Lifelong volunteer wins Caring Canadian Award

By Colleen Boicey

Kay Walker is one of 23 Canadians that will be rewarded for their devotion to helping others.

Gov. Gen. Adrienne Clarkson is presenting Walker with the Caring Canadian award.

“She has always been a very generous person with her time, her friendship, her energy, her money. Whatever she’s got to give, she gives,” says Walker’s daughter, Ruth Kirkpatrick.

Walker, 75, is a lifelong volunteer. Recently, she has been volunteering at least four times a week at the Good Companions Seniors’ Centre. The centre seeks to improve the lives of adults 55 and older. Walker became a member in 1990.

Walker has contributed to the centres programming by volunteering in the wood shop and arts and crafts room, fundraising, making costumes, participating in performances and organizing special events. “She’s the kind of person that prefers to be in the background… She likes to work away and see that [tasks] get done,” Kirkpatrick says.

Walker’s volunteer history began in Carseland, Alta., where she grew up.

“I was fortunate in my life in that I was able to be a volunteer. I never had a paying job…I grew up on a farm and lived in small towns, so I did all the community things and the neighbourly things,” she says.

In her teens, she held barbecues to raise money for sports equipment. She was a leader in what is now the 4-H club, which is a leadership organization targeted at rural youth. Here, she took girls camping giving them an experience of a lifetime. “There are thousands of stories like this,” says Mana MacDonald, who volunteers with Walker in the arts and crafts room.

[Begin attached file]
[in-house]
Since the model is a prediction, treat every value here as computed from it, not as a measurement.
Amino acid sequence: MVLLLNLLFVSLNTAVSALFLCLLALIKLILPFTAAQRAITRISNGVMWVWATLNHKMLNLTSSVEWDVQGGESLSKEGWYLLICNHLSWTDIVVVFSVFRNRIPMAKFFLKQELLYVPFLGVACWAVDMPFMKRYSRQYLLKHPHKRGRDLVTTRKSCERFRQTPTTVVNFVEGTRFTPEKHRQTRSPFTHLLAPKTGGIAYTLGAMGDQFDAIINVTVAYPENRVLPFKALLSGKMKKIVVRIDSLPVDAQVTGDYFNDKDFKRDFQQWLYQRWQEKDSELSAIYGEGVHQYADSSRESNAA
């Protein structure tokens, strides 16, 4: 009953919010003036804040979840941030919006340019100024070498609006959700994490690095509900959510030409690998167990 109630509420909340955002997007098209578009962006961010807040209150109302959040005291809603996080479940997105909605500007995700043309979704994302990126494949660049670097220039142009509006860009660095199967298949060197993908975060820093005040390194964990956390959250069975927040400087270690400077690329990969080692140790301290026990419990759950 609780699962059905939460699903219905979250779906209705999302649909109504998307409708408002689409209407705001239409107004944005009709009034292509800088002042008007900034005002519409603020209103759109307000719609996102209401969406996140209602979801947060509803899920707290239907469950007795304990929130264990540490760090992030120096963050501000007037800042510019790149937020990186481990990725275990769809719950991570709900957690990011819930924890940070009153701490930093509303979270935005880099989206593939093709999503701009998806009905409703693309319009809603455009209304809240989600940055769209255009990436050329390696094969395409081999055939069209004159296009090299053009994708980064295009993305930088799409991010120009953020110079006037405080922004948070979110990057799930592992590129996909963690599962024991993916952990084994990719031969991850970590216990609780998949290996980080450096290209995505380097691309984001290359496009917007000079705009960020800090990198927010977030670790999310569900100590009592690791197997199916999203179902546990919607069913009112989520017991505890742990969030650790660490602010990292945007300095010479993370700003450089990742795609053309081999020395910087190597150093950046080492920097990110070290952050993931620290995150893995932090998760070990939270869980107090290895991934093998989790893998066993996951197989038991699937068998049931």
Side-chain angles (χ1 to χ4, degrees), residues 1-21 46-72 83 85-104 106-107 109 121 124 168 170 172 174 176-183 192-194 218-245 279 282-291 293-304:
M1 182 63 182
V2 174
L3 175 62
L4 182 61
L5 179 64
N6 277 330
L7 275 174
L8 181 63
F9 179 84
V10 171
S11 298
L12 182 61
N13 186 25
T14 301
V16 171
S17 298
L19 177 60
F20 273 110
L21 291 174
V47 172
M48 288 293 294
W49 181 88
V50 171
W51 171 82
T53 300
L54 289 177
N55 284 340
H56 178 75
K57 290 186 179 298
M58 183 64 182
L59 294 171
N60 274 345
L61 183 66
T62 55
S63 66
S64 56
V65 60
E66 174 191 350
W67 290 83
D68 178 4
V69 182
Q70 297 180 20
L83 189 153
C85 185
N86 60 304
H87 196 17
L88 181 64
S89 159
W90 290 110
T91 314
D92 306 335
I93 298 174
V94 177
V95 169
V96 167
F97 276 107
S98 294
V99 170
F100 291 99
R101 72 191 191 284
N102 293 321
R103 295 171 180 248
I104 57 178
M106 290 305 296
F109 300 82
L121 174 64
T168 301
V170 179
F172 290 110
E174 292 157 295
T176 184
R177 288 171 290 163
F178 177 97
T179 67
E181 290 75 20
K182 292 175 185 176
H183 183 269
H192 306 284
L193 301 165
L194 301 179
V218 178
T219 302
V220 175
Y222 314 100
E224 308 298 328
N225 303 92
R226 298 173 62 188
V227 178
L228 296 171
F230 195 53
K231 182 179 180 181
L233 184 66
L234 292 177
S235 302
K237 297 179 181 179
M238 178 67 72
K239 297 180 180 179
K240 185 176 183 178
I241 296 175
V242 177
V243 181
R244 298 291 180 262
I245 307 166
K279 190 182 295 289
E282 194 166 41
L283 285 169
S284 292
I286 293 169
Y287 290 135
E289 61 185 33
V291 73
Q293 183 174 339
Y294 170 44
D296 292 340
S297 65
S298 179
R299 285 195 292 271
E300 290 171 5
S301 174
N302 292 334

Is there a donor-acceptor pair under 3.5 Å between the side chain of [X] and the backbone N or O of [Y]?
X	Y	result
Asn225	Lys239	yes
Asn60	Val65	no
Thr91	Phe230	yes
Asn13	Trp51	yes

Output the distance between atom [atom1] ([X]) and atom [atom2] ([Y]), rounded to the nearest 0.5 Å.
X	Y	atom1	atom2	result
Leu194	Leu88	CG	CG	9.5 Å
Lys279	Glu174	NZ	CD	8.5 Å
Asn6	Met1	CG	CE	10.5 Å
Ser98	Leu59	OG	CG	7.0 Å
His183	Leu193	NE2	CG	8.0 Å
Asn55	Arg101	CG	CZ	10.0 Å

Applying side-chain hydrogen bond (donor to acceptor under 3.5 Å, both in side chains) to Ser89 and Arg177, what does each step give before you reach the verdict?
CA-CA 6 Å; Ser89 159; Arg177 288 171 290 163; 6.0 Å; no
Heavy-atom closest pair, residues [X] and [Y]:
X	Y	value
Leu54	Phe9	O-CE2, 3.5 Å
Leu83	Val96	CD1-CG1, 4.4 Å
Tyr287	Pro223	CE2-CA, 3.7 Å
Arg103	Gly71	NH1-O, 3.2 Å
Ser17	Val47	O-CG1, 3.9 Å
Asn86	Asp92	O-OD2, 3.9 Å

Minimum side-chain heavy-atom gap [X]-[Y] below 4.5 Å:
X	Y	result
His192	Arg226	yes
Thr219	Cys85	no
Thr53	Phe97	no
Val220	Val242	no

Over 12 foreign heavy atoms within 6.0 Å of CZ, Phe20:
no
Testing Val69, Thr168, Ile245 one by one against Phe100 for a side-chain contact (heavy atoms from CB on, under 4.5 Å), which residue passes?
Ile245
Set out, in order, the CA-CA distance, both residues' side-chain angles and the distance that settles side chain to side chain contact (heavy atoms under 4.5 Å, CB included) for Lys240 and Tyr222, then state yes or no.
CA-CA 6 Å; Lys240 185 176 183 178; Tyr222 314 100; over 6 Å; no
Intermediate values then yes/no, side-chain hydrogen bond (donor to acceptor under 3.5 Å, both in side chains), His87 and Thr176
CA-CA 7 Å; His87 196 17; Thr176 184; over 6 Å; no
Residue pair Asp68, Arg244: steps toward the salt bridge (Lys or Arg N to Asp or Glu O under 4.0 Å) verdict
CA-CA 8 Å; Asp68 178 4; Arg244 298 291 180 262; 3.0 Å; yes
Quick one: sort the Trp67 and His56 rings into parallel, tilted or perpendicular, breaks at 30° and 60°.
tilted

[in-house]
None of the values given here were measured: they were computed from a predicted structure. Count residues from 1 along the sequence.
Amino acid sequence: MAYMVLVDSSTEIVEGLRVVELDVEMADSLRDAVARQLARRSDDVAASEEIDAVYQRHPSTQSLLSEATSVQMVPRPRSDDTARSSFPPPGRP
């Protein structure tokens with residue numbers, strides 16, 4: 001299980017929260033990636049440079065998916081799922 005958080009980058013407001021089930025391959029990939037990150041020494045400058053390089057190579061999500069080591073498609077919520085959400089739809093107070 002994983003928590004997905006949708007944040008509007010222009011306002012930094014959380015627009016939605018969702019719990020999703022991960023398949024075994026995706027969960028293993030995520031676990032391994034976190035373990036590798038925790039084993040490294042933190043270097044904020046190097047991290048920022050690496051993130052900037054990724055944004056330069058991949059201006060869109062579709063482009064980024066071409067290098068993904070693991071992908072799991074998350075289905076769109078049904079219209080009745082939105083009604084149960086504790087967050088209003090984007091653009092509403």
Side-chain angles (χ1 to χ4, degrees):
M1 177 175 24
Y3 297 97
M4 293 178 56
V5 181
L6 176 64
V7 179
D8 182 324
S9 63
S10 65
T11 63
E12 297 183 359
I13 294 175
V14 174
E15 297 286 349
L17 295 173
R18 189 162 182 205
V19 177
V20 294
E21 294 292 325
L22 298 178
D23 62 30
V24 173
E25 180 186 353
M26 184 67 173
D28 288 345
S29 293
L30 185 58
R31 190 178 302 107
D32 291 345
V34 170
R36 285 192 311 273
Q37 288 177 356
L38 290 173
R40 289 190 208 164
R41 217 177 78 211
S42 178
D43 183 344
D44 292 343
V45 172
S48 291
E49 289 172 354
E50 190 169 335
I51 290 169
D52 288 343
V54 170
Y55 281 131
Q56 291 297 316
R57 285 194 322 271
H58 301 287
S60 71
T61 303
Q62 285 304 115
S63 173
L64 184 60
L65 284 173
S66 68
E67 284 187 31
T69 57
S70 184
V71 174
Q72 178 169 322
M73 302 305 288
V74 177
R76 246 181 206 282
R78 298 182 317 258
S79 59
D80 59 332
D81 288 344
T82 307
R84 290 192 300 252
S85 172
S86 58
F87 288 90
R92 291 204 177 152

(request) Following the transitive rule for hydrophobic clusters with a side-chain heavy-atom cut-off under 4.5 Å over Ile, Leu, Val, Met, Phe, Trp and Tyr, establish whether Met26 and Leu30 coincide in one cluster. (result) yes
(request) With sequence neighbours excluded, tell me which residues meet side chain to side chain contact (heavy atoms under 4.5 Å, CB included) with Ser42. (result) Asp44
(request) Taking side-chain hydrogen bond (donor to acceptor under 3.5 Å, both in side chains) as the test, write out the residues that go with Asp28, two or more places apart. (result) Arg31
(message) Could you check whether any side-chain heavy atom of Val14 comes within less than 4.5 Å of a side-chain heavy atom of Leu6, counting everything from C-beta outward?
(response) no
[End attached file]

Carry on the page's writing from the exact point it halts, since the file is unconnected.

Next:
In Regina, where she lived with her first husband, former MP Les Benjamin, Walker helped bring foreign doctors to Saskatchewan during the 1962 doctor’s strike.

In 1968, when Benjamin was elected to Parliament, Walker and her family moved to Ottawa.

In her new home, Walker sponsored Vietnamese refugees and hosted students from around the world through the Experiment in International Living program.

“I don’t know how Kay’s ever juggled all of this,” says MacDonald, “overwhelmed” with Walker’s many accomplishments.

Walker also contributes time to her neighbours by making clothing alterations and repairs at her apartment. She donates money she receives to the Unitarian House, where she lives.

After the Good Companions 50th anniversary, in 2005, Walker’s commitments to the centre will not be as big. She hoped to do more volunteering at both Unitarian House and her church.

Walker says volunteering was the direction her life took her and the award was not something she was striving for, but that she is delighted to accept. “I’m proud and humbled by [the award] because circumstances have let me do this. It’s not that I set to be a good volunteer.”